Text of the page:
DECATUR, Ill. (DTN) -- We are itty-bitty beekeepers.
Our three hives are considered a hobby apiary by commercial standards. My husband and I have never pretended to be more than backyard bee boosters. We enjoy learning about bees and caring for them. The bees have been a learning tool to better understand how pollinators fit on the agricultural landscape.
For us, any honey we harvest is a sweet benefit of the tending. We treasure every golden drop as we watch our girls work hard for the honey. We are not in the bee business to make money -- some production years, as was the case in 2018, can be bittersweet. We left all the honey with the bees so they would make it through the winter.
And they didn't. Despite all our efforts, none of our bees survived. It is the first time in the seven years since we started this little enterprise that we are temporarily bee free.
It has taken me several weeks to write this blog to confess we are now part of the bee loss statistics. We've lost a colony here and there before, but never total loss.
One colony disappeared without a trace last fall. It is what I would call classic Colony Collapse Disorder (CCD) -- the sudden and unexplained disappearance of all adult honeybees in the hive. Honey and pollen were present, but no bees.
Varroa mite could have been the culprit since it happened in the fall -- although we did treat and in a timely fashion.
This was a tough winter and we were still going strong in February. This girl was in her busy season -- flying here and there for work -- so my husband was on duty. Bless his sweet heart, when he discovered the piles of dead bees in March, he cleaned them up before I had a chance to do a post mortem.
Trying to perform an autopsy of a honeybee colony by quizzing your husband makes this an even bigger mystery. Beekeeping is all about observation and piecing together clues about what is happening. Let's just say my man of action doesn't take good notes.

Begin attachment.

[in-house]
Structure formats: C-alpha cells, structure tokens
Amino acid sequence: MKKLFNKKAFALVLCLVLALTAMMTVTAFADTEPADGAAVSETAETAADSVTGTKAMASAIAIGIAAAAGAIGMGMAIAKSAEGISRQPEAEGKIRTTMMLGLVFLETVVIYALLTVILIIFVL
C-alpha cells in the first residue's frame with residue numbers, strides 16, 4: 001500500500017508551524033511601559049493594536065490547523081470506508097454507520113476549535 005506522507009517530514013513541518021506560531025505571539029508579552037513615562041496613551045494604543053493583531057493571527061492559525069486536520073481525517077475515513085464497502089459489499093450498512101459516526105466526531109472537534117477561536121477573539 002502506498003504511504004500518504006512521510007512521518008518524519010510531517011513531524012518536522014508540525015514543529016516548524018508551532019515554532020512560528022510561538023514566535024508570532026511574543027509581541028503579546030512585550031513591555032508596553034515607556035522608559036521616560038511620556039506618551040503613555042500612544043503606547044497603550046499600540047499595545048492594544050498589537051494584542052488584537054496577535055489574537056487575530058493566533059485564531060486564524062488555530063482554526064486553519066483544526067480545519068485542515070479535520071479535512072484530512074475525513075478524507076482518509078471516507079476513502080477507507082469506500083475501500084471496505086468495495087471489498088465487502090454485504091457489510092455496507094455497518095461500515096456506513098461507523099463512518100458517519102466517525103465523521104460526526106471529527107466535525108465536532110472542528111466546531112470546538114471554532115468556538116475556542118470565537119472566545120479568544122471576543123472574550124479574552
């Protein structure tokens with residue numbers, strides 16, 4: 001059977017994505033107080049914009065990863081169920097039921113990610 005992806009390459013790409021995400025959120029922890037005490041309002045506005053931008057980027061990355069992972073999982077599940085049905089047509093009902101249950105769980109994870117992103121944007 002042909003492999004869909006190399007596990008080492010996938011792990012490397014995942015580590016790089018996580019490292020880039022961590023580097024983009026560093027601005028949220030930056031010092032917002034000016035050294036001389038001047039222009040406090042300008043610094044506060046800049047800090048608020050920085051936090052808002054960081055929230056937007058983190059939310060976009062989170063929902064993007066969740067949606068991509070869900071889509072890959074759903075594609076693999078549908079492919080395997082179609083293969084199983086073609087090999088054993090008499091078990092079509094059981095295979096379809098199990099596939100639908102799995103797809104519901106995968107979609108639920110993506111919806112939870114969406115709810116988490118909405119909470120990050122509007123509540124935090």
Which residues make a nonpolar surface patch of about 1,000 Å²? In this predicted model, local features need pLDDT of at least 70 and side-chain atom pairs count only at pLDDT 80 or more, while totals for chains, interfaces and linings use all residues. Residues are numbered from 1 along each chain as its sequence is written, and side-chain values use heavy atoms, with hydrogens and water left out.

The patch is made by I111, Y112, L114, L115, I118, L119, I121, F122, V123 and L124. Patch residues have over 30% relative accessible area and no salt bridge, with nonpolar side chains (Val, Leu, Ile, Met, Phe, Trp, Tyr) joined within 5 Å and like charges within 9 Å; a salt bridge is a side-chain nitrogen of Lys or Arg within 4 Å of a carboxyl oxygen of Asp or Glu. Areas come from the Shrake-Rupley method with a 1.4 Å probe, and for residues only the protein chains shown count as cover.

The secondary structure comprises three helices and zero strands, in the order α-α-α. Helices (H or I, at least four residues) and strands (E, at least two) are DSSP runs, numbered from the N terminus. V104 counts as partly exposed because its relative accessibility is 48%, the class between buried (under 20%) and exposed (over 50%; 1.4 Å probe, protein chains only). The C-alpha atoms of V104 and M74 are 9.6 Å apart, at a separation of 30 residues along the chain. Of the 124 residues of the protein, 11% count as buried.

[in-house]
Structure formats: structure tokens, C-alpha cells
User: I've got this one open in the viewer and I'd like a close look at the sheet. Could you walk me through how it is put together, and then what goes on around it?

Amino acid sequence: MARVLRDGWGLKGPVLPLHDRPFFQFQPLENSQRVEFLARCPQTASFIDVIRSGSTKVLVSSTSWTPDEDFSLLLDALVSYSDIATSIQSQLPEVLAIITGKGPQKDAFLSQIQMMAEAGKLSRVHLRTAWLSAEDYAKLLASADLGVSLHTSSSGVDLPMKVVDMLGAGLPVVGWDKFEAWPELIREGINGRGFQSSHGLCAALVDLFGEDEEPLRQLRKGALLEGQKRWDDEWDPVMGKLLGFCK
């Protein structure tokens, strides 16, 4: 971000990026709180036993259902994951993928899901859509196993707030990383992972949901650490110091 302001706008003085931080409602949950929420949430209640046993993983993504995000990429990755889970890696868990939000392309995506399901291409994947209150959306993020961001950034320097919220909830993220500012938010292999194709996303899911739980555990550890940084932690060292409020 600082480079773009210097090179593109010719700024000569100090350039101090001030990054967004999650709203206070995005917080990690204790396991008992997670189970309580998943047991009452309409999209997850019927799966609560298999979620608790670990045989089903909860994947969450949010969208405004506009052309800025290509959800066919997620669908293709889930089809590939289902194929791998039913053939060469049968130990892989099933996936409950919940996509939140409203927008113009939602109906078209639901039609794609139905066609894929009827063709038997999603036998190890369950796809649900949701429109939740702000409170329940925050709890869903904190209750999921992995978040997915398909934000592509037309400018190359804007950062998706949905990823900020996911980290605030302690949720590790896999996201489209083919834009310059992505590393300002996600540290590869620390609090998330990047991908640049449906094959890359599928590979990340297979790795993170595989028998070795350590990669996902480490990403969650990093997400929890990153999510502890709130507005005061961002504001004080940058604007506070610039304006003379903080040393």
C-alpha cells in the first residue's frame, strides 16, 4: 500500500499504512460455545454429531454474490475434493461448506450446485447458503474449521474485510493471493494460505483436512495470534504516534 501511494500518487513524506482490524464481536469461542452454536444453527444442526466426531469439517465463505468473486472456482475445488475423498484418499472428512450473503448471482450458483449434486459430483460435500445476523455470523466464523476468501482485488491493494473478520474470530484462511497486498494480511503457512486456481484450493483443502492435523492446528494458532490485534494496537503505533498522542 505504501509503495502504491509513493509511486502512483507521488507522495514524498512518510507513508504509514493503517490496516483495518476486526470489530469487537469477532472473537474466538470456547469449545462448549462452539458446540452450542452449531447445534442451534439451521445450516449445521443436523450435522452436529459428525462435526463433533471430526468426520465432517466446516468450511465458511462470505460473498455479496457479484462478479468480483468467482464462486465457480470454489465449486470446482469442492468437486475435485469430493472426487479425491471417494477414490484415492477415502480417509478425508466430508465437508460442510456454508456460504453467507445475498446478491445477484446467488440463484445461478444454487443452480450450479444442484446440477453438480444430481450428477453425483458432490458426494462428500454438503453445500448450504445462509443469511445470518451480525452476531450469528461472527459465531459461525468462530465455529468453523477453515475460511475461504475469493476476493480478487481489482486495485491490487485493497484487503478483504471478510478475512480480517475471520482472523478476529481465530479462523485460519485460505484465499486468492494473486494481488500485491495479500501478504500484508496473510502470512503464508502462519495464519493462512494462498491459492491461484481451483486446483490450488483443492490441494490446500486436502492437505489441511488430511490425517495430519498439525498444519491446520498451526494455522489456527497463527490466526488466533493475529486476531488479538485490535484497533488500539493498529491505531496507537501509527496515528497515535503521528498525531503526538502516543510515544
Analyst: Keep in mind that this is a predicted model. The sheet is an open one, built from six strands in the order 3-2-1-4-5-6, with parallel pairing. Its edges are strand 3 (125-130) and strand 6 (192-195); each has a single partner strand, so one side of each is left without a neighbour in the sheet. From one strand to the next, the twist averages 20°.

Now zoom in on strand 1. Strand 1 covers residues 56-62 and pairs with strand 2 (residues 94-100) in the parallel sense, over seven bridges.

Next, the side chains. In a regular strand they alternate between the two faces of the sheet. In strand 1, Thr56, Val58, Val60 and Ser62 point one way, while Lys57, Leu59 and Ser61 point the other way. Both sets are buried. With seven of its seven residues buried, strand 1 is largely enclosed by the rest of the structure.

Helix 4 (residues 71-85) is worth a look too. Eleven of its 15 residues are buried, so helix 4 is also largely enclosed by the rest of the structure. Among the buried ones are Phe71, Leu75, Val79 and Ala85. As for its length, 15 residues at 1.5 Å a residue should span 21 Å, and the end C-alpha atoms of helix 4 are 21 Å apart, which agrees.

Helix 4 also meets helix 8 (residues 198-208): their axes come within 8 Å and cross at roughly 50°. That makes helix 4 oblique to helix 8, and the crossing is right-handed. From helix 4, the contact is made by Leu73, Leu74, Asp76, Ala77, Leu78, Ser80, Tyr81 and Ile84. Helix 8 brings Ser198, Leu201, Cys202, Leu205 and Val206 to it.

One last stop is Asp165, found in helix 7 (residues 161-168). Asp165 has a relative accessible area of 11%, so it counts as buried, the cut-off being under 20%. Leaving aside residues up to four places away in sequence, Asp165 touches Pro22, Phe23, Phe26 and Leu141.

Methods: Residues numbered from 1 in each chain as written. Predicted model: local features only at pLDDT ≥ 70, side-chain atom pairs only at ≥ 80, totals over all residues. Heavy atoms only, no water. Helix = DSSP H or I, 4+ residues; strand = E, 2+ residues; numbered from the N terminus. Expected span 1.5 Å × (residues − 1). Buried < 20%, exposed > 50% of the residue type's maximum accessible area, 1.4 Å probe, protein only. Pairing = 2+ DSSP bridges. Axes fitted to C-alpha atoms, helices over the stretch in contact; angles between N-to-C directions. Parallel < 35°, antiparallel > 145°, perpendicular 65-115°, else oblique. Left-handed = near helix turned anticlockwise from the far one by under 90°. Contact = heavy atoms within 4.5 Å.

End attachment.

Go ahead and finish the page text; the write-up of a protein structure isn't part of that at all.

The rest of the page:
But interviewing him I've come to two possible conclusions:
1. We were overprotective parents. We buttoned our girls up and insulated them as the winter drew on and got more fierce. It is possible to get condensation in the hive if you insulate too much.
2. More colonies die from starvation in the winter than any other cause. We know ours had honey and we were providing sugar boards for additional calories. However, bees can starve to death with boxes of honey in the colony. The bee cluster needs to stay in constant contact with honey during periods of cold. If the cold wave is prolonged, it sometimes keeps the bees from moving. They consume all the honey within reach and even though they die from cold, it is really lack of food that causes the deaths.
This weekend we will pick up new packages of bees. The three-pound boxes of bees will contain one mated queen. Each box of new bees costs about $150 (I've heard more in other areas).
It's been a cold spring and I'm as nervous as a new parent. I have been rereading beginner bee books.
I'm also hoping we are a bit more knowledgeable than the first time we installed bee packages seven years ago. During that event, the bees didn't spill out of the package as the directions indicated. So, my husband, Jay, thought perhaps a few taps with a pry bar might do the trick.
I won't go into the intimate details, but the short version is it resulted in several stings and a long session of digging through a fencerow to find his glasses and other items that were flung during the pandemonium.
What was I doing during all this, the reader might ask? Well ... reading the directions again ... of course.
I was asked this week to list the best and the worst of beekeeping. The worst is easy: Bees sting and they have many environmental challenges. Suddenly we have not one or two teenagers, but thousands of them zipping around the neighborhood getting into goodness knows what!
But the best of beekeeping list is long too. Bees are magical insects with a fascinating social order and work ethic. We like to watch them and think we are participating in a natural thing. There's the honey.
But, perhaps most of all, bees keep us humble.
For more information on diagnosing winter bee losses go to:
Pamela Smith can be reached at Pamela.firstname.lastname@example.org
Follow her on Twitter @PamSmithDTN
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